The paper, published online last week, aimed to estimate the changes in behavior resulting from expanded naloxone access. Researchers found that after states passed naloxone access laws, opioid-related emergency room visits and opioid-related theft both rose, and no decrease was observed in opioid-related mortality. Their most troubling results came in the Midwest, where the researchers measured a 14 percent increase in opioid-related mortality attributable to expanded naloxone access.

It would not surprise me at all to learn that naloxone distribution has less impact on mortality than public health professionals hoped.

Why might it not be as effective as hoped?

I don’t know that it’s not, but I’ll explain why it wouldn’t surprise me.

Here’s what happens when someone has a heart attack41KSA2GA12L._SX300_

  1. A person has a heart attack at the grocery store and . . .
  2. . . . thank goodness, the store has an automatic defibrillator.
  3. Someone has been trained to use the defibrillator and performs the rescue.
  4. Someone else calls 911 to make sure the patient gets all the care they need.
  5. The patient is taken to the emergency department and medically stabilized.
  6. Once stabilized, the patient gets transferred to care that will address the cause of the heart attack and/or care that will prevent future heart attacks.
  7. The patient’s treatment plan will generally include lifestyle changes. (Diet, exercise, etc.)
  8. Then, the patient gets follow-up care that might include:
    • follow up appointments with specialists,
    • periodic tests to monitor for indicators of a recurrence,
    • self-monitoring (blood pressure), and
    • monitoring by the patient’ primary care physician.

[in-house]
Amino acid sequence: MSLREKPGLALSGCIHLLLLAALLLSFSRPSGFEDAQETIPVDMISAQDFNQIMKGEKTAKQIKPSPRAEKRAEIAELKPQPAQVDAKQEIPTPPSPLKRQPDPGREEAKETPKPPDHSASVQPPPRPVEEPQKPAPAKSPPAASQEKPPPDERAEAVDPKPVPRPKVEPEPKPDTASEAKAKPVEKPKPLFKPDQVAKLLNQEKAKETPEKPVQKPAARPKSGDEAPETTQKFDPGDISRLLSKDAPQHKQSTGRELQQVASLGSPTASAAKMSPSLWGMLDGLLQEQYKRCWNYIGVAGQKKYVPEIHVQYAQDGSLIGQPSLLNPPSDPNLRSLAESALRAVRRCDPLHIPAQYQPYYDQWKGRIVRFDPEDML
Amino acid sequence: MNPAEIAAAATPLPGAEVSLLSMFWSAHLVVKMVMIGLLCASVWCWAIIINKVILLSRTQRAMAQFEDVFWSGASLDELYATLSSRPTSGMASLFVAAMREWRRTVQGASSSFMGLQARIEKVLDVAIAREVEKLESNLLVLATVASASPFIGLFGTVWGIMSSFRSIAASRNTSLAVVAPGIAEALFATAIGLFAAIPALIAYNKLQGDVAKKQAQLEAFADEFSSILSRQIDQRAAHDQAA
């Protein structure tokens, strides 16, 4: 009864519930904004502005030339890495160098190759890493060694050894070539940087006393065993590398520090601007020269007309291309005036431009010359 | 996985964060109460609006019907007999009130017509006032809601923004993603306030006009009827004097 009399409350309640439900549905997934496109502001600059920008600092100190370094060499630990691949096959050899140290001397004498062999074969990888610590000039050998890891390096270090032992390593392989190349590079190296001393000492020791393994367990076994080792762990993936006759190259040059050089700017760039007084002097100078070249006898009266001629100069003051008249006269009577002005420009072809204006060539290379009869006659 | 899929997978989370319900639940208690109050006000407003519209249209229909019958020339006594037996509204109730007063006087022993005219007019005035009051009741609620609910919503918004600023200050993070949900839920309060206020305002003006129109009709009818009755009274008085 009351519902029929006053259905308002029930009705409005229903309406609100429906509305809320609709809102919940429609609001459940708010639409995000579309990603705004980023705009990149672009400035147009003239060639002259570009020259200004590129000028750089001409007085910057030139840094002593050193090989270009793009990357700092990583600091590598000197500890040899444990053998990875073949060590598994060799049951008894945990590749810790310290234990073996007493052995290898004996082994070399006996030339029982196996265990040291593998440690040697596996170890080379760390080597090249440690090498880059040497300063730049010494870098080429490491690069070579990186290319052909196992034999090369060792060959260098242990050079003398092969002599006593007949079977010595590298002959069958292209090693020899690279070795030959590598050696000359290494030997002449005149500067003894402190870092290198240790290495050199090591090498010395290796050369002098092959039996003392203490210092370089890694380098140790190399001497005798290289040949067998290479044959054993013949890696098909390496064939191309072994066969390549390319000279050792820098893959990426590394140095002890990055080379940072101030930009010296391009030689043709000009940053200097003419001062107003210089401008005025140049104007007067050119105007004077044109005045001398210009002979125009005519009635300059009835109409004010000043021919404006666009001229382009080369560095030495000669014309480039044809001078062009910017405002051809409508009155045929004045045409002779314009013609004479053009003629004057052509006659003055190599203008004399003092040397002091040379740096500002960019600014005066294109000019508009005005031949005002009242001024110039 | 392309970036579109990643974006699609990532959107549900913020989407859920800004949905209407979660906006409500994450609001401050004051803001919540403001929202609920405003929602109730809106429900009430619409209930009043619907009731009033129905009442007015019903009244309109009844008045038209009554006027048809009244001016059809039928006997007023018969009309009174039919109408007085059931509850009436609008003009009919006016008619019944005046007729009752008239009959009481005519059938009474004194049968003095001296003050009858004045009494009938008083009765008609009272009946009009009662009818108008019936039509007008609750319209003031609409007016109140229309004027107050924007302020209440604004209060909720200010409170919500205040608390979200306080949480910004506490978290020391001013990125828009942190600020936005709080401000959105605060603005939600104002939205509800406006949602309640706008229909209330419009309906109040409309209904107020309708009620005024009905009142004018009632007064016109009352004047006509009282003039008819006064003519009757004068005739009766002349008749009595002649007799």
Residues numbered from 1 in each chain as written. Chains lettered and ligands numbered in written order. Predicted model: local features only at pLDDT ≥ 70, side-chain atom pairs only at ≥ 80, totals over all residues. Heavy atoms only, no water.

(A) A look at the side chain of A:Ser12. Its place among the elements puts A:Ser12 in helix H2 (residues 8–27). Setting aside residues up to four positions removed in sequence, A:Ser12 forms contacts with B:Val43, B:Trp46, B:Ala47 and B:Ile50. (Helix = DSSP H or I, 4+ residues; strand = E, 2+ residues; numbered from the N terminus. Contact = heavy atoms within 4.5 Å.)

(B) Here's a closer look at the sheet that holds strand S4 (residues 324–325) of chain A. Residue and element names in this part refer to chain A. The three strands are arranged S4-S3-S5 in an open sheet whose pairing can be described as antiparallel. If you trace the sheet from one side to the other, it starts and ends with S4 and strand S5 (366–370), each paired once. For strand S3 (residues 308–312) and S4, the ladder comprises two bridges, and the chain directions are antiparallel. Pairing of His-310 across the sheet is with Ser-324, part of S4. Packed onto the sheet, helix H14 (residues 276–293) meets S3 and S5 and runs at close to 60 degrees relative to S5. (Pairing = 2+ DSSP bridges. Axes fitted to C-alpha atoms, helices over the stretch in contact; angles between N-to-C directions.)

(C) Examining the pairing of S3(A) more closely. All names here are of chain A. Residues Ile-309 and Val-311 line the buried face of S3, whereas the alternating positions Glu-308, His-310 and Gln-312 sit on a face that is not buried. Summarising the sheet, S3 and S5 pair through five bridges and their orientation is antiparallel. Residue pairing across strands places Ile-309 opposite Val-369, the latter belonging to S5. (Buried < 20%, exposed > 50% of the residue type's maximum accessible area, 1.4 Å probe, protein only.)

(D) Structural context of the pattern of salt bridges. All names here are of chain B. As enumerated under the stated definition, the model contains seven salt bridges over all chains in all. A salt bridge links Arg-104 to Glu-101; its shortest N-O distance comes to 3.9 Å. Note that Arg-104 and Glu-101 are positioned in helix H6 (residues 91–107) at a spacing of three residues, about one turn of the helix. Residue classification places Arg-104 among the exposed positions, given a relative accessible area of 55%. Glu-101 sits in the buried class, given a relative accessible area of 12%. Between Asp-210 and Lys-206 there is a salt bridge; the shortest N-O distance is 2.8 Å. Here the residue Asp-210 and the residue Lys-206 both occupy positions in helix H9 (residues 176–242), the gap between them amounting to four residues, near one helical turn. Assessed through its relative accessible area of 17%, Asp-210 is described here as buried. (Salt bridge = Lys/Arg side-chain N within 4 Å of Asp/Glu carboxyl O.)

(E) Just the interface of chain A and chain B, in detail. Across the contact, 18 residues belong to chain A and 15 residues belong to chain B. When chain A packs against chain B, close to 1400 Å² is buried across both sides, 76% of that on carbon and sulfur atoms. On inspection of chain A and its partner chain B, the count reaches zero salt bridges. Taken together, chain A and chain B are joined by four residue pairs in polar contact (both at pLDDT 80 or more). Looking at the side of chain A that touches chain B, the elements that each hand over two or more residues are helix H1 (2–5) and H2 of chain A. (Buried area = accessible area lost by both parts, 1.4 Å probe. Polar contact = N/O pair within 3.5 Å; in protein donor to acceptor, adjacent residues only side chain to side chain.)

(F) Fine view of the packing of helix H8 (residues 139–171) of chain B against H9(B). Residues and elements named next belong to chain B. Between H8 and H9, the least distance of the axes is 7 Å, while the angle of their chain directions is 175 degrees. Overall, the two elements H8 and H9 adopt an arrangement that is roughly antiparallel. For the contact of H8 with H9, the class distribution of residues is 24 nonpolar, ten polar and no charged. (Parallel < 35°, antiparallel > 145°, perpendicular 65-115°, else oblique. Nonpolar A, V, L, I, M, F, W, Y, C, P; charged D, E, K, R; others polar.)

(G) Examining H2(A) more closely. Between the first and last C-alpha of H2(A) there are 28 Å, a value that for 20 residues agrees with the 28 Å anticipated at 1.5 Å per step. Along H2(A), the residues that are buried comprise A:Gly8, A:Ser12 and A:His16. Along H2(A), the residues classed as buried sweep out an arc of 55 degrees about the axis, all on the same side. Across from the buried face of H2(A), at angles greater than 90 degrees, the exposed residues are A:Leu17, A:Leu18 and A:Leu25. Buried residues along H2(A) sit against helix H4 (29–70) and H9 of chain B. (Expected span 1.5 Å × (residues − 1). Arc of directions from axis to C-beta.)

9. If problems recur or there are indications of a potential recurrence, the care plan will be re-evaluated and the patient will get whatever care they need.

Here’s what happens when someone ODs and is rescuednarcan

  1. A person overdoses and . . .
  2. . . . thank goodness, the someone has naloxone.
  3. The person has been trained to use naloxone and performs the rescue.

Maybe, if they are lucky, these steps happen.

  1. Someone else calls 911 to make sure the patient gets all the care they need.
  2. The patient is taken to the emergency department and medically stabilized.

If they are REALLY lucky . . .

  1. The get a passive referral to treatment.

Naloxone is not enough.

We’d never tolerate cardiac patients being sent home without the proper care. Why should people with an addiction be treated any differently?

Without adequate follow-up care, it’s like saving cardiac patients so they can die of untreated heart disease another day.

A moral hazard?

The working paper speculates the following:

Naloxone access reduces the risk of death for each use of a given quantity of opioids, but it also appears to increase the number of uses (and/or the potency of each use) – consistent with the idea that moral hazard leads users to “seek higher highs” that increase their risk of an overdose.